Are you working on any exciting new projects now? How do you think that will help people?
As a women-owned firm we have a mission to empower women across their many roles and walks of life –as professionals, mothers, daughters, wives, partners, etc. And we constantly work to increase financial confidence for women and break down what we call “the money taboo”, which is the reluctance and even anxiety that many women have regarding talking about money. Many women feel that it’s improper or shameful to discuss money, most likely because it is fraught with emotional meaning. Money can mean power, control, success; lack of money can mean the opposite. However not talking about it perpetuates many negative patterns that women generally have with money, including less savings for retirement, lower confidence in financial decisions and even wage inequality.
Recent studies show that 90% of women will be solely responsible for their finances at some point in their lives. If they are not prepared for it, they are going to be confronting difficult decisions at a time when they can be very emotionally vulnerable. In the case of married couples, women are typically outliving men, and if they are not involved as part of the couple then they become unprepared widows. Many of our male clients are coming to us to get their spouses involved now so they know where to go when the inevitable does happen.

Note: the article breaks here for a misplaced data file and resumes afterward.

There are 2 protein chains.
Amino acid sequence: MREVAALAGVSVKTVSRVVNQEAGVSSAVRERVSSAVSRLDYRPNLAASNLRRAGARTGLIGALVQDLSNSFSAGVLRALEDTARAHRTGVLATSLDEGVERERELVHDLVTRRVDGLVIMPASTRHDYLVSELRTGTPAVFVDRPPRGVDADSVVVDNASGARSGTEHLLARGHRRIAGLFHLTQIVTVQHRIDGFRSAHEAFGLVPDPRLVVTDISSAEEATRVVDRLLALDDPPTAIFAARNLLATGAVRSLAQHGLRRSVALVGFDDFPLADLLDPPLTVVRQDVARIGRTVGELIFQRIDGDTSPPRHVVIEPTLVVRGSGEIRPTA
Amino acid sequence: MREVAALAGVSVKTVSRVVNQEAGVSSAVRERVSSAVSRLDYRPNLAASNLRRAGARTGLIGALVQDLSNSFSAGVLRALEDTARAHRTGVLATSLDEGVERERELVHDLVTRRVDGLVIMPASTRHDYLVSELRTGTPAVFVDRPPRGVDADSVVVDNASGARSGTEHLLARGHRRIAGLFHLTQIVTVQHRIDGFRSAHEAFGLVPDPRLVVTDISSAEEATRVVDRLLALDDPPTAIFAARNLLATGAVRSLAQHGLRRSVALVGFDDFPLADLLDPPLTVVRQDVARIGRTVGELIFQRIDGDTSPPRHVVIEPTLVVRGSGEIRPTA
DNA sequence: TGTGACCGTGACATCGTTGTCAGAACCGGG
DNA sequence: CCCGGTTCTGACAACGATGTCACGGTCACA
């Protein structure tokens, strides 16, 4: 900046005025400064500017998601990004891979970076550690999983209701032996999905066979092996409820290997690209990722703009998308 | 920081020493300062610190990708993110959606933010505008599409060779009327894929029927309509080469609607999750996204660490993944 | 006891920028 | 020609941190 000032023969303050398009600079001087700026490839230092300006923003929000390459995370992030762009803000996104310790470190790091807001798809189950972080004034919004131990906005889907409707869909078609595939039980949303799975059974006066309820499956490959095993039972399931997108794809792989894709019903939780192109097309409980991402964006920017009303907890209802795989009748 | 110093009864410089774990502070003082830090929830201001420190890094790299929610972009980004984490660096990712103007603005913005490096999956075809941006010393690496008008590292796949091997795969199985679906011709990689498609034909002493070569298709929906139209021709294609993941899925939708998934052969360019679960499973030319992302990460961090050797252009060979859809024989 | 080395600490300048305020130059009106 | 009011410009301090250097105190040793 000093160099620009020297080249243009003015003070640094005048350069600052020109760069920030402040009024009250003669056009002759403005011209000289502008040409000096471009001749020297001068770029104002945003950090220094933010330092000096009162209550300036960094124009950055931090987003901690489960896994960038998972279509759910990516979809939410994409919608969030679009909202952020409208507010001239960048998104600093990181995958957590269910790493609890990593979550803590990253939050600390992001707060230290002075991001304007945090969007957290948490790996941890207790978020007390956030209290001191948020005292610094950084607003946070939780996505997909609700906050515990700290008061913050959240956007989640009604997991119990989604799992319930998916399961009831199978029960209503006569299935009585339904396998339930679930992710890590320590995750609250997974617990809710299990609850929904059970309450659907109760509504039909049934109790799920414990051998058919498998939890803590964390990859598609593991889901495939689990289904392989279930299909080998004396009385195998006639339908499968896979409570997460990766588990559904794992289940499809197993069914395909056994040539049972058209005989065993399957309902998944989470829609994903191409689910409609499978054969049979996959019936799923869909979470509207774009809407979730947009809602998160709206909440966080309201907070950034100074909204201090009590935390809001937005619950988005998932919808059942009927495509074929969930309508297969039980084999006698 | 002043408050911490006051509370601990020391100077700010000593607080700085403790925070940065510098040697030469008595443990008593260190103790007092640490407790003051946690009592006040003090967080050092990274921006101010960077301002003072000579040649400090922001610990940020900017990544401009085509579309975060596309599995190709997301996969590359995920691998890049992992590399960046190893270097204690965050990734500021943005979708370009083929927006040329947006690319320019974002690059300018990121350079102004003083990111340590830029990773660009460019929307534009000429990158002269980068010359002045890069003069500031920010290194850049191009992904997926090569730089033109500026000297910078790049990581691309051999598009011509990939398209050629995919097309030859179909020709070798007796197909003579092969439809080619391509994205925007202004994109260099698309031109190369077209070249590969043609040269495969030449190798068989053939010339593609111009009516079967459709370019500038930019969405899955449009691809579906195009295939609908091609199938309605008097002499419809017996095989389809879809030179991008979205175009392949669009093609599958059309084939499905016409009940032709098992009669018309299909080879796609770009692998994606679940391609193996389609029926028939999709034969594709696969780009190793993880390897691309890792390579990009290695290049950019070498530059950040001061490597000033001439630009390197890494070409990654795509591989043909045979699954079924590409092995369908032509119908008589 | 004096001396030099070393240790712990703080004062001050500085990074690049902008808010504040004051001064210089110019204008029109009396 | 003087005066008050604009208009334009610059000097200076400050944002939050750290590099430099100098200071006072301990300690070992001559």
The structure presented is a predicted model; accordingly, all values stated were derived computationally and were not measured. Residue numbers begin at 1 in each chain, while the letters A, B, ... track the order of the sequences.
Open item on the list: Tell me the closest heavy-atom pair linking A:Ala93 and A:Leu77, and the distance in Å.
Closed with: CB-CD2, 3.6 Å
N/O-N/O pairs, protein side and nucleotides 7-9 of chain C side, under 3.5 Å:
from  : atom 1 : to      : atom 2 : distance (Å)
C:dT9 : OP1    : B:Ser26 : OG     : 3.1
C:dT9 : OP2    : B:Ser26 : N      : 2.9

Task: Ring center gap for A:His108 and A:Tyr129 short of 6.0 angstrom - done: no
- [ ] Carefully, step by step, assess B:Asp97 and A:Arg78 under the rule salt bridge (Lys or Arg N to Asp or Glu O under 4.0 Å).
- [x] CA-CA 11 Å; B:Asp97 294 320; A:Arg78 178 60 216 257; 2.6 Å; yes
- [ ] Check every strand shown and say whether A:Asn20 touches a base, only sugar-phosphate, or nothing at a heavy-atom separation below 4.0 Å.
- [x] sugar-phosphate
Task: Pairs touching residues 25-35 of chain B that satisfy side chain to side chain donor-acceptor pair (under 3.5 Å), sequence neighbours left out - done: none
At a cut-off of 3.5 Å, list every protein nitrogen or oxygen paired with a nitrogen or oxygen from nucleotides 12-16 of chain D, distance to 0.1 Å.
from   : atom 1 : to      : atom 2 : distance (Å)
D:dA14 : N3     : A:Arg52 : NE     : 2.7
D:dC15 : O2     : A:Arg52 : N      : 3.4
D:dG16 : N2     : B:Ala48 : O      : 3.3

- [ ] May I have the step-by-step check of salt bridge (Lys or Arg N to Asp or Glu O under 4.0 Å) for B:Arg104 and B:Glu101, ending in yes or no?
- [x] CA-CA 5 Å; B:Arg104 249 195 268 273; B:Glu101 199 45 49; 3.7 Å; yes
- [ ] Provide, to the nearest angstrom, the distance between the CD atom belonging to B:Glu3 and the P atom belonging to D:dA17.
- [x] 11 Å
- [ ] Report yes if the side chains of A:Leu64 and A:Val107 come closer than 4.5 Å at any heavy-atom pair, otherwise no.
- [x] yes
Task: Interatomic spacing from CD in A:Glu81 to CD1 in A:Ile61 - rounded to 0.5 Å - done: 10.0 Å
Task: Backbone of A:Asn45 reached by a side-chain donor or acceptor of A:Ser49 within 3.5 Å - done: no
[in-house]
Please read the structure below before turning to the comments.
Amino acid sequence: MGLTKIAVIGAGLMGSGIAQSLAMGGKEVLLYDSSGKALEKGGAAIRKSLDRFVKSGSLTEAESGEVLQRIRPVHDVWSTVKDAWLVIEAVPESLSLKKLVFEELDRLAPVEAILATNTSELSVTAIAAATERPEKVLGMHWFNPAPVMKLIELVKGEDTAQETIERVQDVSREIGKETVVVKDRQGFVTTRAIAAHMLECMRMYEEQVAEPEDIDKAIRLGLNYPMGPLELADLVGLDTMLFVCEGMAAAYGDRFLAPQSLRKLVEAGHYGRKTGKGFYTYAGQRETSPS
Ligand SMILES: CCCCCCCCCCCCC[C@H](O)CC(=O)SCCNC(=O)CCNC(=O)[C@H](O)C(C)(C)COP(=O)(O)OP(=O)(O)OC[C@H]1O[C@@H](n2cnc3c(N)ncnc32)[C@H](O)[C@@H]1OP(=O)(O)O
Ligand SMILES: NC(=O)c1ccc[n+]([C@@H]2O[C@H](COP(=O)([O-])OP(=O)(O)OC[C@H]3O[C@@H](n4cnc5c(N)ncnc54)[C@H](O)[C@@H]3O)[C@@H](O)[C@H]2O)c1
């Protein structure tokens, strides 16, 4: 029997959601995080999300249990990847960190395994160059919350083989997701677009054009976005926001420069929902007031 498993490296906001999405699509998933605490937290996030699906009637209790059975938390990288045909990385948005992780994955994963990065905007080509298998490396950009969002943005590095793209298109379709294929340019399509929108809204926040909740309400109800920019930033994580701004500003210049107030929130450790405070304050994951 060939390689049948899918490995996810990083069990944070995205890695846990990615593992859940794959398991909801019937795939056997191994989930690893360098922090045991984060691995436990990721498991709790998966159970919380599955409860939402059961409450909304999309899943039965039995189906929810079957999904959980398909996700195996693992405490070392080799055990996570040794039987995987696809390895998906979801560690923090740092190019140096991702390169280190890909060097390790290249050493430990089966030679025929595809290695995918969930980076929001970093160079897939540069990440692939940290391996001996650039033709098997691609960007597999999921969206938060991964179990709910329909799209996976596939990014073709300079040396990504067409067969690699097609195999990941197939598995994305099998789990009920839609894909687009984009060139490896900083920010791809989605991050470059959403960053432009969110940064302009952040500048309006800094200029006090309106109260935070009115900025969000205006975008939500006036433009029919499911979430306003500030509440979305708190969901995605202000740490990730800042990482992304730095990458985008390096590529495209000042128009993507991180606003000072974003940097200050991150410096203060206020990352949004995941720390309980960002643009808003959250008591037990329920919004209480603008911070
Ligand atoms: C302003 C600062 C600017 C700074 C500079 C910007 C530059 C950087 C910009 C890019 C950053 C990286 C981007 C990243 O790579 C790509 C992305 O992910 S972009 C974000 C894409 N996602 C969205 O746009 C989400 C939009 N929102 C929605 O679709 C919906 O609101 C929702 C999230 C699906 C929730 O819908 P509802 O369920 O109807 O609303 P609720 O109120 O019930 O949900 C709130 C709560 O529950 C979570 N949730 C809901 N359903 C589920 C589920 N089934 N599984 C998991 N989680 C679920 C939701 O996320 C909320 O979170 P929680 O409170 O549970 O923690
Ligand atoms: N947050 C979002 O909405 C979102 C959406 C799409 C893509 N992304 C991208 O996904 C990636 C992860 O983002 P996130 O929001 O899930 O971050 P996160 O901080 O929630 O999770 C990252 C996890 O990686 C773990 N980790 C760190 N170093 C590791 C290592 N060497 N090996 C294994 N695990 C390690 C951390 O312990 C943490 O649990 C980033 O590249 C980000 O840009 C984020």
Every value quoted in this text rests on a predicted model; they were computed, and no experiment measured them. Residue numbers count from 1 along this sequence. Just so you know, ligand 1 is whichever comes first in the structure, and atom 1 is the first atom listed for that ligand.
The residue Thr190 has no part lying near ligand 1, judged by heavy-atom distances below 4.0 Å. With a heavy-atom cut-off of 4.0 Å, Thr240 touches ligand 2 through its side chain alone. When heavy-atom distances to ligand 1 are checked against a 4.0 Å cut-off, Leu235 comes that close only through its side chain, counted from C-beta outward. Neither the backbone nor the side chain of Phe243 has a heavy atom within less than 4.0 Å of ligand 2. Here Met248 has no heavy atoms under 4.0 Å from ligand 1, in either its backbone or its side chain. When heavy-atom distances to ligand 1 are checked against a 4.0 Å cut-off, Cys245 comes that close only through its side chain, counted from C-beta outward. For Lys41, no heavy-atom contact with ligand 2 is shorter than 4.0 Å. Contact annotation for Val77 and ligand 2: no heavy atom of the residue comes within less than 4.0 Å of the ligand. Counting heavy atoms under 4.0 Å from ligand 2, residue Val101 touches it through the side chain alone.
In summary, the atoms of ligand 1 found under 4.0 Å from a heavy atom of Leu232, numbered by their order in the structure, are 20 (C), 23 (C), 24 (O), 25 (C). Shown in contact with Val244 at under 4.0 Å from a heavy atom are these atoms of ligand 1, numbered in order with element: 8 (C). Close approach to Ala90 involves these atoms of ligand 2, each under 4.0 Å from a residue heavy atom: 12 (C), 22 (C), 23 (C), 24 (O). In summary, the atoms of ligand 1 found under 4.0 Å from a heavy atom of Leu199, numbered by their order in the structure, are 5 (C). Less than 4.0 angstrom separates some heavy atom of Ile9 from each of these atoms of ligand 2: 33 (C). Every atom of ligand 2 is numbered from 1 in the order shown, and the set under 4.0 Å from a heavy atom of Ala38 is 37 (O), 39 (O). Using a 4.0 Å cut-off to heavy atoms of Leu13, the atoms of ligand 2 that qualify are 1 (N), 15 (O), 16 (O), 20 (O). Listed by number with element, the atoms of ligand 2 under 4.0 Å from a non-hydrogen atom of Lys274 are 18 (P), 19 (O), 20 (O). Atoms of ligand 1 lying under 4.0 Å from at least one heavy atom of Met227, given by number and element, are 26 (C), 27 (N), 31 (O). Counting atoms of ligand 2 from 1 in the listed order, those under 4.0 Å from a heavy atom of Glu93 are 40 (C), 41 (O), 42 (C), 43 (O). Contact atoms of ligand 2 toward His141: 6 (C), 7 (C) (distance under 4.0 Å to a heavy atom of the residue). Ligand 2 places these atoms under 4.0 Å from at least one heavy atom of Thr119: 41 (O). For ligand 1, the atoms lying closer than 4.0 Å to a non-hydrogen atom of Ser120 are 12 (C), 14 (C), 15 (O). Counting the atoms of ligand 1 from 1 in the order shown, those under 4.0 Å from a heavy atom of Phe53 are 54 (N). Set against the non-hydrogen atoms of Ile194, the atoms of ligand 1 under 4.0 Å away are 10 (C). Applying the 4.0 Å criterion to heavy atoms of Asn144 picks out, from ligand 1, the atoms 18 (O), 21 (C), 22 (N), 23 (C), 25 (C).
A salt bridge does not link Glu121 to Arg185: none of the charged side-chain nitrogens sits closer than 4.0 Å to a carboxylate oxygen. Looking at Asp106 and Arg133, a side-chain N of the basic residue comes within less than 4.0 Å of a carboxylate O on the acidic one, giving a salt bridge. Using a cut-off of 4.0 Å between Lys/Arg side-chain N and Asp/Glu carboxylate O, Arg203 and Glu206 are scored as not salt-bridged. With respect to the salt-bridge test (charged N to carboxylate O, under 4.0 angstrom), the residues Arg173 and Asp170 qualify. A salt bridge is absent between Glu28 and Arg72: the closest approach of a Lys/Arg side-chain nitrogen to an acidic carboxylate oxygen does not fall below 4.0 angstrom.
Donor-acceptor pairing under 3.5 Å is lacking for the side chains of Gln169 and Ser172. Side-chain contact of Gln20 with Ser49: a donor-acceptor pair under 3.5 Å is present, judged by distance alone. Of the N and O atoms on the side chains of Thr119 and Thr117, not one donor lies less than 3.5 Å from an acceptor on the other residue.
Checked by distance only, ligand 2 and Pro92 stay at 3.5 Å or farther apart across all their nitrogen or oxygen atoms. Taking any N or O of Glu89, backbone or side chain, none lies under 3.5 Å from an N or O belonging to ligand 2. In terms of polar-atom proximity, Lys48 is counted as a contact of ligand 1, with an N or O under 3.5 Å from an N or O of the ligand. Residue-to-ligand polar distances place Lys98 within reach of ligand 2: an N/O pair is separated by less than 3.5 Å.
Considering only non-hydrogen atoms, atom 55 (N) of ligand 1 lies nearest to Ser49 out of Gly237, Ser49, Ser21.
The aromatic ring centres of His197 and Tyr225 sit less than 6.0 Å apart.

What do you think makes your company stand out? Can you share a story?
Our culture is very different than what you will find at many wealth management firms. We have top notch research, talent and technology, but what really sets us apart is that we don’t hesitate to talk about the tough topics or the emotional aspects of money. We are told that we are relatable and approachable and we don’t hide behind blue suits, mahogany walls or leather briefcases. We sit on the same side of the table as our clients. Also as a 100% women-owned firm we certainly stand out in an industry where many of my peers struggle to hire even one female advisor. I was recently at a CEO round table where the group at my table was bemoaning the difficulty of hiring women advisors. When I mentioned that all of our senior advisors happened to be female, jaws hit the floor.
Wall Street and Finance used to be an “all white boys club”. This has changed a lot recently. In your opinion, what caused this change?
Companies are increasingly recognizing that their employee base has to more closely model the human race for them to attract clients. Slowly but surely, customers, shareholders and other stakeholders are beginning to look for diversity in the workforce and to demand it. I also think that the decentralization of “Wall Street”, thanks to technology, has allowed geographic diversification which favors diversity in hiring. Some of the asset management firms in the U.S. with the highest percentages of female portfolio managers are not New York based. There is also a bit of the animal spirits at play: being on the trading floor with other women or seeing them as role models in positions of leadership can be motivating and promote loyalty.
Of course, despite the progress, we still have a lot more work to do to achieve parity. According to this report in CNBC, less than 17 percent of senior positions in investment banks are held by women. In your opinion or experience, what 3 things can be done by a) individuals b) companies and /or c) society to support this movement going forward?